Going to the bathroom is something we all do every day. At some point, though, we need to learn about it. Dr Joe Kosterich talks about the basics of toilet training, including having patience, picking the right time, making your toddler feel secure, and how to go about it.
Going to the bathroom is something that we all do everyday. At some point, though, we needed to learn about it and most of us can’t remember when that happened.
Hi, I’m Dr. Joe.
At some stage we all have to be toilet trained because, let’s face it, as we grow older we all need to sit on the toilet. As against perhaps cats and dogs who can just do their business wherever they find themselves, humans are a bit more organised for a variety of fairly good reasons.
Toilet training is not intrinsically difficult, some children will get it, if you like, a little bit quicker than others but everybody will get it eventually.
So what do we need? Probably the most important thing in toilet training is patience and picking the right time.
Now, about picking the right time it’s sort of saying that yes, it is a little bit age-specific and variably people will attempt this at maybe 2, 3, 2 and a half, 3 and 2 months, somewhere around that age. But because each child is different, you can’t have an absolute “one size fits all.”
So, what that means in the first instance is when you think your child may be ready you can start the process going, In going from nappies to using a toilet there are some mezzanine steps, and obviously these are things like the potty, and also these days, because children often get quite concerned about the size of the opening of the toilet seat, having modified seats that you can put on that are smaller so the child feels more secure.
Making a toddler feel secure is very important in toilet training. And, as I said, being a little bit patient. If you set out and find that after a week or a couple of weeks you’re going nowhere then don’t be concerned about taking a step back and maybe trying it a month or two down the track.
What are the basic points? As we say, it is quite simple. It is about teaching your toddler to sit on the toilet rather than just be wandering around in nappies. So you need to be able to convey to your child what it is that you are wanting them to do on the toilet.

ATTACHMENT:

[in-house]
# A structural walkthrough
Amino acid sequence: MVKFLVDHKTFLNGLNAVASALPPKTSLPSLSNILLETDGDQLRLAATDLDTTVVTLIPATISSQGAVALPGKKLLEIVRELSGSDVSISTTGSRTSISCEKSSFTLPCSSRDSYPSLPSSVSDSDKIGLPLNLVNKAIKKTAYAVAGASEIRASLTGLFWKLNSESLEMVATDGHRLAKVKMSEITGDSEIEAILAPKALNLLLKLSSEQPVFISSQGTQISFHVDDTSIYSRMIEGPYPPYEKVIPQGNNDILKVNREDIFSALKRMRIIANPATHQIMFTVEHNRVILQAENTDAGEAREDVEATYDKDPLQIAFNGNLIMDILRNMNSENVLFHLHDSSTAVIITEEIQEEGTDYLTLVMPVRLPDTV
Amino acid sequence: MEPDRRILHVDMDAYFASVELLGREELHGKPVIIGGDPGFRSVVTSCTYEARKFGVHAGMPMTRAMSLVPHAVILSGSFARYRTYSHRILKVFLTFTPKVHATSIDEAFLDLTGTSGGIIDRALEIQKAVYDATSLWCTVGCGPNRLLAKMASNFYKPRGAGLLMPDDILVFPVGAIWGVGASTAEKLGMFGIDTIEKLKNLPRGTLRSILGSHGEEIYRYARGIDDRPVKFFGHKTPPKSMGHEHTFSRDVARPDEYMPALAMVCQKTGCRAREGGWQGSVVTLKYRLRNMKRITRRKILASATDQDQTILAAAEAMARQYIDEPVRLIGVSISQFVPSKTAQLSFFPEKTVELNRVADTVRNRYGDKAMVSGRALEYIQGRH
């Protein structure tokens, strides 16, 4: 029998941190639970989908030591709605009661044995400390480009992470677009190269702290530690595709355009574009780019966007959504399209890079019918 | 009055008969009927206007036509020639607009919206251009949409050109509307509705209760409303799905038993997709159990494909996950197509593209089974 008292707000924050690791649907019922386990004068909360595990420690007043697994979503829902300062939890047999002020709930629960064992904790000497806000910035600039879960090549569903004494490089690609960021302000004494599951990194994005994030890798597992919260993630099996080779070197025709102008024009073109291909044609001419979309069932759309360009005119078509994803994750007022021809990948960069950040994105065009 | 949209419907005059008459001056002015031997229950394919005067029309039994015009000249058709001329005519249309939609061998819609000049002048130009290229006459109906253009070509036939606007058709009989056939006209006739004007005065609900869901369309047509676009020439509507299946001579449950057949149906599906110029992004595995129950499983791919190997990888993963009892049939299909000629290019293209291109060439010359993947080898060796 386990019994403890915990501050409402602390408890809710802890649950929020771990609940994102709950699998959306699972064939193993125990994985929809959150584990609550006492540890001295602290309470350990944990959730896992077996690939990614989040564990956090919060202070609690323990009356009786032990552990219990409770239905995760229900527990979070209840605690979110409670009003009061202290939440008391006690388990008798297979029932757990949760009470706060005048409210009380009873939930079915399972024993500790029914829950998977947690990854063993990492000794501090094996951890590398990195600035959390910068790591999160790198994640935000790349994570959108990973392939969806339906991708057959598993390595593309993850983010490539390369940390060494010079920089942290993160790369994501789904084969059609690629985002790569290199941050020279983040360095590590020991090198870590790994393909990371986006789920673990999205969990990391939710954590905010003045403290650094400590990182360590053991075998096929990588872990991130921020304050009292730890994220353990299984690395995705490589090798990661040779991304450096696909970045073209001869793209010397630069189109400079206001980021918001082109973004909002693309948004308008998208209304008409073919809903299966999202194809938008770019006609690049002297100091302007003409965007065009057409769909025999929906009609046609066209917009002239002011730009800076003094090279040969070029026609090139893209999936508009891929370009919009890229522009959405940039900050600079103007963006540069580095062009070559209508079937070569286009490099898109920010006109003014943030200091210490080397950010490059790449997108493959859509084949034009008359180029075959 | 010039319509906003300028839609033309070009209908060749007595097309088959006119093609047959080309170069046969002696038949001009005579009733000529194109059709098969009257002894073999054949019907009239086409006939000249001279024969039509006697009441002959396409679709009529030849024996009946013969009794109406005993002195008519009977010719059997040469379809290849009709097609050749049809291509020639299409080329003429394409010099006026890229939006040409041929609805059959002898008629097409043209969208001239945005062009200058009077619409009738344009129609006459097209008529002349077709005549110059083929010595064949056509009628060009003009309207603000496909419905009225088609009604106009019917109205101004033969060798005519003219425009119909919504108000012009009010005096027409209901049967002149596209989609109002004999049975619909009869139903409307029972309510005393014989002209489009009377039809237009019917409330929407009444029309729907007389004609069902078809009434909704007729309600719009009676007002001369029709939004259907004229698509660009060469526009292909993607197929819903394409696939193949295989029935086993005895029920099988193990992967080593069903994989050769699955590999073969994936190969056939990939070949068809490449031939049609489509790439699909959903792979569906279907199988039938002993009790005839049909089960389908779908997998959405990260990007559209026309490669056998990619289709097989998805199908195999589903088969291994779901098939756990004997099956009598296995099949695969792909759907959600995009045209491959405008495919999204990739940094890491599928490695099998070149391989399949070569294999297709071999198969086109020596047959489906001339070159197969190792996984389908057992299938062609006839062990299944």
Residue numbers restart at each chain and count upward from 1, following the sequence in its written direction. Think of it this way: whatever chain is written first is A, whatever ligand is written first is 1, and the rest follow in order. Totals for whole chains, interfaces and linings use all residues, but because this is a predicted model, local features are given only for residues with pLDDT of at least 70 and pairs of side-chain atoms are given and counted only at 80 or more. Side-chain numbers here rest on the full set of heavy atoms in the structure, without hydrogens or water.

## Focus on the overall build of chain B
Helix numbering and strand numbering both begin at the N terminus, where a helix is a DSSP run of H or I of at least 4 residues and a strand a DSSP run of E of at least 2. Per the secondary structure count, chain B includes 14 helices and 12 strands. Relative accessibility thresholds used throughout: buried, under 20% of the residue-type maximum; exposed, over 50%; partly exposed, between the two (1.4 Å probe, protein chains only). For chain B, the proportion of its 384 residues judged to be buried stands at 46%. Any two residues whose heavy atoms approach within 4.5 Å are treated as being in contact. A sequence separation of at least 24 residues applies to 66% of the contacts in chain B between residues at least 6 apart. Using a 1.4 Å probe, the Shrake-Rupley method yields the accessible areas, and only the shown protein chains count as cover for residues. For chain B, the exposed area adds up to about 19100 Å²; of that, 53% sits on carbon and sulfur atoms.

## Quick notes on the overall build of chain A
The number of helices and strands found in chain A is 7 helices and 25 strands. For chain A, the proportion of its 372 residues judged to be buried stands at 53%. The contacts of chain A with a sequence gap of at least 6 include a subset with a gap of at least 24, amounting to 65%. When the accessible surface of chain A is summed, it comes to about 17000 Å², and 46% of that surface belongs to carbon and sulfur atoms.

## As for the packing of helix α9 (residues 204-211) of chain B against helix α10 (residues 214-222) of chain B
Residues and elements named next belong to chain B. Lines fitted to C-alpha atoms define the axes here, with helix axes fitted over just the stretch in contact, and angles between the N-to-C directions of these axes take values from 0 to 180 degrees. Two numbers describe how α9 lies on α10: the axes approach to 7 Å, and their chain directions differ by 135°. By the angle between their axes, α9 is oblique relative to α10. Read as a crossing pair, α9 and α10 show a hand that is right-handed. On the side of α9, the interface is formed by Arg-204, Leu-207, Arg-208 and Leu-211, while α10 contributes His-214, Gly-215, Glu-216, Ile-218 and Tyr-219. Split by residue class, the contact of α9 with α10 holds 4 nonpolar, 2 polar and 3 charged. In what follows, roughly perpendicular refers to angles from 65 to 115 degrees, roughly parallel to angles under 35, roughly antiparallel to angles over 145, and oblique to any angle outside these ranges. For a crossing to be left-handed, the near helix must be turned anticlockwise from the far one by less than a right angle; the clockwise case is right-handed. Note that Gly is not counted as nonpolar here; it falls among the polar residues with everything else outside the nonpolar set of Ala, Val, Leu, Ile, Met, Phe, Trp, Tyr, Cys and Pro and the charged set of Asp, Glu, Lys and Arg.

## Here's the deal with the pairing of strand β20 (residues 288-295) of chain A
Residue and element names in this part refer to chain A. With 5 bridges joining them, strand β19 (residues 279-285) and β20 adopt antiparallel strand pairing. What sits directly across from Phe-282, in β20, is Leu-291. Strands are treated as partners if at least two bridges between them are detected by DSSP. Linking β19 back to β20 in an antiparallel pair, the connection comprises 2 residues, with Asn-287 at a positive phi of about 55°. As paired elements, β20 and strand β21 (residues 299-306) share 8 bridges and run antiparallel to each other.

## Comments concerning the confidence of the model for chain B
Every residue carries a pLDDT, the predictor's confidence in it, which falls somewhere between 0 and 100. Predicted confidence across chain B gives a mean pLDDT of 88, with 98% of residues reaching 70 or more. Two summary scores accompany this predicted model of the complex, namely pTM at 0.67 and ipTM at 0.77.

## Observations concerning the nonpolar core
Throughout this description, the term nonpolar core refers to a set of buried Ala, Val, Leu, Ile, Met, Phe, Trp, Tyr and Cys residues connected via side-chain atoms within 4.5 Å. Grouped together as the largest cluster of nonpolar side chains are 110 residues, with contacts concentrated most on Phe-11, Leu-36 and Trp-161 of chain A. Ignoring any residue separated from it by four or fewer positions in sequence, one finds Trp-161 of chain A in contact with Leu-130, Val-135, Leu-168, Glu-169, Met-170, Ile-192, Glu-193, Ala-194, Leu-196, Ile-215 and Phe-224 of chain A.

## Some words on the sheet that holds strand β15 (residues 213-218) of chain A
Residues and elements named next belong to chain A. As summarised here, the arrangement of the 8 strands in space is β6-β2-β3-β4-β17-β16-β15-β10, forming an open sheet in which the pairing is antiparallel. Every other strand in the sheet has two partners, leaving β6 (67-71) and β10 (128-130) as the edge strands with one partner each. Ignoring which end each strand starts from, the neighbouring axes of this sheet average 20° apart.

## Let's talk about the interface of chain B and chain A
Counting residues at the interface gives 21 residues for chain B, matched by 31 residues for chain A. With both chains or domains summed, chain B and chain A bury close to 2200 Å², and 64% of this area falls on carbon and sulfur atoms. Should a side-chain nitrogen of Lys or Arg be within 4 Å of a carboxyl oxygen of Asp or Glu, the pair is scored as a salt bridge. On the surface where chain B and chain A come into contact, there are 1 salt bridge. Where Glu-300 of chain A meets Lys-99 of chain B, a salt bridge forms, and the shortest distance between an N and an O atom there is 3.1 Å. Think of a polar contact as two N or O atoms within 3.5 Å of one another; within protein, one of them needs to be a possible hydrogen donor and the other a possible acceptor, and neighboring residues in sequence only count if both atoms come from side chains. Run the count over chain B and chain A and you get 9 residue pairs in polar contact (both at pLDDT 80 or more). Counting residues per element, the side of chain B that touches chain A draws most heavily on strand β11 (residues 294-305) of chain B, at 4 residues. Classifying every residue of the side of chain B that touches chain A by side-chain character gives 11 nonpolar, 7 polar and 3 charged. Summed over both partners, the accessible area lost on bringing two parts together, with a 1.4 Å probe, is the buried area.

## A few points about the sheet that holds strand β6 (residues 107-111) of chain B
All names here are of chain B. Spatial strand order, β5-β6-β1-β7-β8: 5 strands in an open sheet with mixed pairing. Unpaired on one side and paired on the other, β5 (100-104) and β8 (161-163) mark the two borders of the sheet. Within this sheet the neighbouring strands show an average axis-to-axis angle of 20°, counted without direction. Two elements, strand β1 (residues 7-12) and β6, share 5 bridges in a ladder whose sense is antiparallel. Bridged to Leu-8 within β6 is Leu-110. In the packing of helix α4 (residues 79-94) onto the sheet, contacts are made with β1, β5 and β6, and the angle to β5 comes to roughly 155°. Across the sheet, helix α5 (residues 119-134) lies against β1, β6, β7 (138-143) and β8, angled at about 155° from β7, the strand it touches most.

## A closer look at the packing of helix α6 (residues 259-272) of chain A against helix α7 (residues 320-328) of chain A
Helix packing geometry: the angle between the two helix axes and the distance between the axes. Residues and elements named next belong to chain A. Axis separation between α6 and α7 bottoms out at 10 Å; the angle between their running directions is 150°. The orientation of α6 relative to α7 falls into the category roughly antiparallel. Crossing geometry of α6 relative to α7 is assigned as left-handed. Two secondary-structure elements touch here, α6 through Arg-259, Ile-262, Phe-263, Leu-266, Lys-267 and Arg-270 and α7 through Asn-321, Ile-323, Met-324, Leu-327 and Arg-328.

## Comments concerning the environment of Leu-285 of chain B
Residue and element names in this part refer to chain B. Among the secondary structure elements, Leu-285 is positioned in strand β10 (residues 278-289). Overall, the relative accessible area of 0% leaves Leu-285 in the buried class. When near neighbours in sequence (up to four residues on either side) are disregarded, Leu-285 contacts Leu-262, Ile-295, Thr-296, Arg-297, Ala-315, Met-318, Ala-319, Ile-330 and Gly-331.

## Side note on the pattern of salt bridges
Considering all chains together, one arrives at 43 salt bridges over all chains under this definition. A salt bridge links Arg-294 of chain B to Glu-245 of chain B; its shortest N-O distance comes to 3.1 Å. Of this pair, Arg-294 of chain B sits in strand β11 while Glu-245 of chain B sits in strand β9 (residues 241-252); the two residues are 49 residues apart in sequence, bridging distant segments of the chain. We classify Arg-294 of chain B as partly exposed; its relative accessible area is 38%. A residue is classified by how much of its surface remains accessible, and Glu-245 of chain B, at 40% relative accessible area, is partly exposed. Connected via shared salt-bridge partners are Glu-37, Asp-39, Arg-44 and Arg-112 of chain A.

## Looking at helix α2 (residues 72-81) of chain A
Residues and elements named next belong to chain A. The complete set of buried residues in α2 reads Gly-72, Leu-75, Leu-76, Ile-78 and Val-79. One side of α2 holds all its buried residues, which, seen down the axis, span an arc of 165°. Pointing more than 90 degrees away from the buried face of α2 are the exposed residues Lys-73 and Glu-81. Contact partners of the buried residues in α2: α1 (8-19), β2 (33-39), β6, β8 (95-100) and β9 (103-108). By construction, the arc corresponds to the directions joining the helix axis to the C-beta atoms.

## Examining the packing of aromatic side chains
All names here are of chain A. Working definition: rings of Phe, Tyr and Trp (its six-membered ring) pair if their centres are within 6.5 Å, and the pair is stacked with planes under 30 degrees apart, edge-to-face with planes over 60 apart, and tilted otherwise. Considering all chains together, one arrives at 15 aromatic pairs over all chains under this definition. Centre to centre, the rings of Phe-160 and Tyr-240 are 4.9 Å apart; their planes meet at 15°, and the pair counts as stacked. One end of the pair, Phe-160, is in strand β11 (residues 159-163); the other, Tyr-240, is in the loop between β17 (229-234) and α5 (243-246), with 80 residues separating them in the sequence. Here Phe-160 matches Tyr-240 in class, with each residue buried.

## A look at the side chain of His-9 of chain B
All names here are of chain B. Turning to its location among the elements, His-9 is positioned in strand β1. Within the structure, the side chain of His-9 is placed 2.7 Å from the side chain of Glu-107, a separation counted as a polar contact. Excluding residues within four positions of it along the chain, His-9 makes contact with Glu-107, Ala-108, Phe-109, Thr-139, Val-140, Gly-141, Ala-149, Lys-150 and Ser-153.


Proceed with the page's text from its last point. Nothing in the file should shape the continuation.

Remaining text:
Being positive about it is really, really, important. It’s no use scolding or yelling at a child who doesn’t quite get it. It’s not that they don’t want to do the right thing if they’re not quite developed enough or their brain connections are not developed enough. It will happen. You don’t see too many 20-year-olds who are not toilet trained. So we all get it at some stage.
Being quite positive, rewarding the successes without in any way chastising the negatives is really, really, important because otherwise the child is going to get scared of what might happen and this can become a real problem because if they do get scared they will tend to hold on, and if they hold on then that can lead to constipation, stomach pains and then you get quite a miserable child.
Are there any specific techniques? There probably are as many different ways of going about this as there are parents. The keys are about being patient; it’s about conveying the simple concepts to your child; if you want to, and it’s a little bit easier for the blokes, you can show what to do: stand there and nothing like watching to see what happens and that works. Keep it very simple in terms of the descriptions.
Today, fairly easy compared to bygone years because we have things like pull-ups that children can wear to stop accidents during the day and help boost their confidence other than unnecessarily running around with wet clothes.
If you’re going out with your child whilst you’re toilet training take a spare pair of clothes. This is really important because children can become a bit self-conscious when they know you’re expecting something of them, and being able to change clothes quietly if an accident occurs is going to make them feel a lot better.
Ok, so to sum up, and this may sound a little bit strange, toilet training is almost easier done than said. A little bit like a child learning to walk or learning to talk, it’s something that you can encourage them with and support them and sometimes show them a little bit how to do it but there’s not really books you can read on the subject or manuals to follow. It’s not a high-intelligence issue, it doesn’t require a special degree or anything in particular, it really just requires you to do what is a little bit innate, and that’s to be a parent: to support your child, to lead a little bit by example, to be reinforcing, and just to show them the way.
Everybody that’s watching this video has been through the process themselves and we’re all here and we’re all ok.
Your child will be on the same boat.
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